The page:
Singing at home

Composing plain tunes, transcending self, and making mistakes

On the drive over from the Peninsula to Berkeley, Julian and I talked a little about composing Sacred Harp tunes. We agreed that the easiest tunes to write are anthems; next in difficulty are fuguing tunes; and most to difficult to write are plain tunes.

Singers generally like to sing anthems, and the composer has more latitude to play with rhythm and melody, so it’s relatively easy to write an anthem that’s fun to sing. Fuguing tunes are somewhat more difficult to write, but their structure greatly limits the choices the composer can make; and singers really like to sing fuguing tunes; the only thing that makes fuguing tunes harder to write than anthems is that you generally have to write a short plain tune section, but that can be mediocre as long as the fuguing section is fun.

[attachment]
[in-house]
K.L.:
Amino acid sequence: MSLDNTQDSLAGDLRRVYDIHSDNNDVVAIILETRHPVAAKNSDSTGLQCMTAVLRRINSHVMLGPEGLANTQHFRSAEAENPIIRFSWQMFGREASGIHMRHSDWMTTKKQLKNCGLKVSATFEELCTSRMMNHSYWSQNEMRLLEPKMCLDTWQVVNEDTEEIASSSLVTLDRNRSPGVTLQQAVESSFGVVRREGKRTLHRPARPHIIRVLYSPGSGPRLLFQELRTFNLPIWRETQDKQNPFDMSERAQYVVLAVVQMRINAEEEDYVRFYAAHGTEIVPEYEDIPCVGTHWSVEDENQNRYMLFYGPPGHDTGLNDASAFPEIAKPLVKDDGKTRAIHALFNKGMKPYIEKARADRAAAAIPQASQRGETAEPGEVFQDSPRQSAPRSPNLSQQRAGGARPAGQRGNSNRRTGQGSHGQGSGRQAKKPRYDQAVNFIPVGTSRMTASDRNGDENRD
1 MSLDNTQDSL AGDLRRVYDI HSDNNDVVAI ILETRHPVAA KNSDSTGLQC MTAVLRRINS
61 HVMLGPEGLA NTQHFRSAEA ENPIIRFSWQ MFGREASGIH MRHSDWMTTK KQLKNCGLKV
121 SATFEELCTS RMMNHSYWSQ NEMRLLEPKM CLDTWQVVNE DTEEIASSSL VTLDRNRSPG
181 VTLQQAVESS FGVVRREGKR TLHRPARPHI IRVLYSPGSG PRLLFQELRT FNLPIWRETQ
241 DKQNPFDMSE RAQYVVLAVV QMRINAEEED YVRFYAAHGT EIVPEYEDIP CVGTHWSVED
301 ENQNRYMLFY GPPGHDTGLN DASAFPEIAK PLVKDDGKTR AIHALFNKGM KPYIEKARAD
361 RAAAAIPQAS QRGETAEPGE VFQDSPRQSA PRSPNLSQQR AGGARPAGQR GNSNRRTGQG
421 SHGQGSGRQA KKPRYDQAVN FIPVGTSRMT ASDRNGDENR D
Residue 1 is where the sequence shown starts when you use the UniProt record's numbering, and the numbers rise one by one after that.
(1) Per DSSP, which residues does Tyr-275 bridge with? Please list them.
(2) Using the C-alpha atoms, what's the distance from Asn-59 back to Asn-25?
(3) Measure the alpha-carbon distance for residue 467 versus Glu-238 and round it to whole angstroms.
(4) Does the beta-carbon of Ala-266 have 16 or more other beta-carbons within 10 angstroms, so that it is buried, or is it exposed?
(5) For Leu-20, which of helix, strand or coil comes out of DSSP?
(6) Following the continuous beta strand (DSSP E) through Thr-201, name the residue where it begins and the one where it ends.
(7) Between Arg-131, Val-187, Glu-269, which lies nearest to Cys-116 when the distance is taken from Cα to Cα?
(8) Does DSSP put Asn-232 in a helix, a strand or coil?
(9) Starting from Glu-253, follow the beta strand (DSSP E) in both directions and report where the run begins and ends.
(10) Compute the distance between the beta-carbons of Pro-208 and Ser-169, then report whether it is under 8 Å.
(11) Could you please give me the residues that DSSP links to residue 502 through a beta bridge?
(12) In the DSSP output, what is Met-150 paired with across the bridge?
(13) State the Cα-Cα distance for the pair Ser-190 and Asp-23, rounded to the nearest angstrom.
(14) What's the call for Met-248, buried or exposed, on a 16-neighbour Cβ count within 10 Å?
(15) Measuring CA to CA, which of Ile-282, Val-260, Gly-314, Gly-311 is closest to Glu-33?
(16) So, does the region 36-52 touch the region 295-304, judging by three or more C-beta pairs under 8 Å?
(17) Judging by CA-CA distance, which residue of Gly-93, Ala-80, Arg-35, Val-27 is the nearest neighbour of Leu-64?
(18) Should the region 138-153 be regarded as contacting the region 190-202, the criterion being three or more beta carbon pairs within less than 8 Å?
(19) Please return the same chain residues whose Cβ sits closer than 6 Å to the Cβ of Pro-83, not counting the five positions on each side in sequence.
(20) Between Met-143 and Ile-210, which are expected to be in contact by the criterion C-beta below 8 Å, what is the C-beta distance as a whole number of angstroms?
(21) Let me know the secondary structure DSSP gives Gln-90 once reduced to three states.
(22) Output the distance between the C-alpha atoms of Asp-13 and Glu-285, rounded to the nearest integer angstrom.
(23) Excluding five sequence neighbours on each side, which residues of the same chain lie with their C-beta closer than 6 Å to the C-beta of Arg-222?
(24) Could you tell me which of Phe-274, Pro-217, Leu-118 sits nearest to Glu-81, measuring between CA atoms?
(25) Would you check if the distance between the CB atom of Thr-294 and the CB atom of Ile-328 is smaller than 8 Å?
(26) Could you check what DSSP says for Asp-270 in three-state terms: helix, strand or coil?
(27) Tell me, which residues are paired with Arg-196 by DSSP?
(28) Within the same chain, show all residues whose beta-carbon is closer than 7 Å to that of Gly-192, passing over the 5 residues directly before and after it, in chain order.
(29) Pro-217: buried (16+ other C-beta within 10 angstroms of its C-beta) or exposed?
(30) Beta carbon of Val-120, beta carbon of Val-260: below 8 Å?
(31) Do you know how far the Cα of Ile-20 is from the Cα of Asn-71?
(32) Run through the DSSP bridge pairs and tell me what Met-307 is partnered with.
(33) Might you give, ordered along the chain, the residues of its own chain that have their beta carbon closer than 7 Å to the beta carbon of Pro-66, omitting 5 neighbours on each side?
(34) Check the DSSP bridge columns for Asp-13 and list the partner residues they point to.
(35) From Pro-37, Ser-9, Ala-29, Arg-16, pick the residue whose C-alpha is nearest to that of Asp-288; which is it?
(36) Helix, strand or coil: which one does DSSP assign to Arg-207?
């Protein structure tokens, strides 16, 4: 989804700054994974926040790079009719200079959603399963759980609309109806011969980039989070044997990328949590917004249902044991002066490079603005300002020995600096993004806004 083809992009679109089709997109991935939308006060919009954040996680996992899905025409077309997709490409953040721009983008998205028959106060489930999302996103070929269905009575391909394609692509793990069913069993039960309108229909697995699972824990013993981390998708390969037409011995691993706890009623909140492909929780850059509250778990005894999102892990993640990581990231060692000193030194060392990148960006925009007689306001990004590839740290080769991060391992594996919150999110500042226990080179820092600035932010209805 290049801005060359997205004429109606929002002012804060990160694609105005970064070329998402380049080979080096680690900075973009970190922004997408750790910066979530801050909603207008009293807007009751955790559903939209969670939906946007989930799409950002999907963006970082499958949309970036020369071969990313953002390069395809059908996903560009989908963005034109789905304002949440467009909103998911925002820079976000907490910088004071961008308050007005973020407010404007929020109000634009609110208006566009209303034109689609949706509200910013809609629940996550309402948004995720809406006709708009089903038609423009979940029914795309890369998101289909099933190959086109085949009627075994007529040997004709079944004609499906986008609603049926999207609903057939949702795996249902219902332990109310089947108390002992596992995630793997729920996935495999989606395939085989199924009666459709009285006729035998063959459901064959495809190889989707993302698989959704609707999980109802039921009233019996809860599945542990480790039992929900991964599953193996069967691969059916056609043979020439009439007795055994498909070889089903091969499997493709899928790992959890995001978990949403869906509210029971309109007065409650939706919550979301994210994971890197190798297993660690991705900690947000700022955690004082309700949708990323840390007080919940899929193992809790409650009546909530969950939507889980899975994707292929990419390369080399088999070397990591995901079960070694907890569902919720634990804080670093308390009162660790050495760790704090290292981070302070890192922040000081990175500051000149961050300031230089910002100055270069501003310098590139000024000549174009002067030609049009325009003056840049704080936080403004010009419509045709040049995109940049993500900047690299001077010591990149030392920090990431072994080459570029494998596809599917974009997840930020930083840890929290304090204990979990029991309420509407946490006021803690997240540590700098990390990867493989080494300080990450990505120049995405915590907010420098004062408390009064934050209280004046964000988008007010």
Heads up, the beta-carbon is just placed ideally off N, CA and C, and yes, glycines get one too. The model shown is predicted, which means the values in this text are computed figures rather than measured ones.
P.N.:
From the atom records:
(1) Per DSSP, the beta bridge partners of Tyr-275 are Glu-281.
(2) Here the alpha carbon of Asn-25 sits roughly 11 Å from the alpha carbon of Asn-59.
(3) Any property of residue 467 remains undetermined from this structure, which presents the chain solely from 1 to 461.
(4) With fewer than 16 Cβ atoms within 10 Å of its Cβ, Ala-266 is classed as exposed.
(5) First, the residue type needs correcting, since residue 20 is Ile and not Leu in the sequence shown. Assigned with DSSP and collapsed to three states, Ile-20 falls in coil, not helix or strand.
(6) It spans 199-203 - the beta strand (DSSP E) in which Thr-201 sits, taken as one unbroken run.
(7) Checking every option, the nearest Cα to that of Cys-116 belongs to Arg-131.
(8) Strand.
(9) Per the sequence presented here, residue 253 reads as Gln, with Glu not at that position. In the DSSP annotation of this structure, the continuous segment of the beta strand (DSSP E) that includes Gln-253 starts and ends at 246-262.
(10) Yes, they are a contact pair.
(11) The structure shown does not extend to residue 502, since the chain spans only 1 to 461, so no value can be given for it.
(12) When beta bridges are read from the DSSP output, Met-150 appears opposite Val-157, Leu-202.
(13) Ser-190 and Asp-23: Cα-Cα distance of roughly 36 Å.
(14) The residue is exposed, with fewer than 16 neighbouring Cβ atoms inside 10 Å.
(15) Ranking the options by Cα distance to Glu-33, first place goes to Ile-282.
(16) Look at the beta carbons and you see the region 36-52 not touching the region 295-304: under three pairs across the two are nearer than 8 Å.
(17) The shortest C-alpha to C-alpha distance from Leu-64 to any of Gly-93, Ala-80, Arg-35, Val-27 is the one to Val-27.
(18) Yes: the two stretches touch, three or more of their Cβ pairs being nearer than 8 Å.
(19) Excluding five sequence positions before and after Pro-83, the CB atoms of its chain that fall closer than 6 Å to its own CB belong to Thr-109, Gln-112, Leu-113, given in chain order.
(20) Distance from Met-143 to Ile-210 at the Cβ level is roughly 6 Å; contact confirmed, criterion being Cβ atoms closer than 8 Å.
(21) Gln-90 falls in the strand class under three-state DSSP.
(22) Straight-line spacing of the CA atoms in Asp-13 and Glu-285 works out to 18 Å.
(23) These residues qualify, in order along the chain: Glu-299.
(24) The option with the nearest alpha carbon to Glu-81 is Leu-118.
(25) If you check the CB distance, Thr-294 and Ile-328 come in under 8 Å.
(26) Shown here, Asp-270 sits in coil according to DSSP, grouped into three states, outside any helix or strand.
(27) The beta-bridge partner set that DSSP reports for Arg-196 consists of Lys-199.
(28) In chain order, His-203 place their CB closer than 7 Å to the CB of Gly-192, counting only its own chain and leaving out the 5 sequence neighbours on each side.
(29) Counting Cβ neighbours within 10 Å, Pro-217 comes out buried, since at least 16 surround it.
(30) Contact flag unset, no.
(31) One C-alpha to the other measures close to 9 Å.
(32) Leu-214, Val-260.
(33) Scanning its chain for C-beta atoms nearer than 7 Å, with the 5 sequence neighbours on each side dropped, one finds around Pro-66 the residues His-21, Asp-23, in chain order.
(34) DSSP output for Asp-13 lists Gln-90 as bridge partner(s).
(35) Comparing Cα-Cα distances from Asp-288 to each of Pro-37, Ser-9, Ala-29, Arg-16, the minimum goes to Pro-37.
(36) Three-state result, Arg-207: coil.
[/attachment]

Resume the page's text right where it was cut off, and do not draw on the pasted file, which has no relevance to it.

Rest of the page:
Plain tunes, by contrast, are far more difficult to compose. It’s hard to produce a new plain tune that will stand out from the hundreds of other plain tunes that have been written. Even William Billings struggled with plain tunes: he wrote two nearly perfect plain tunes, 479 Chester and 178 Africa, but his original tunebooks are filled with many more that are boring and mediocre. This makes the achievement of William Walker even more amazing: he wrote plain tune after plain tune that was filled with inventiveness, and that had excellent melodies in all the parts.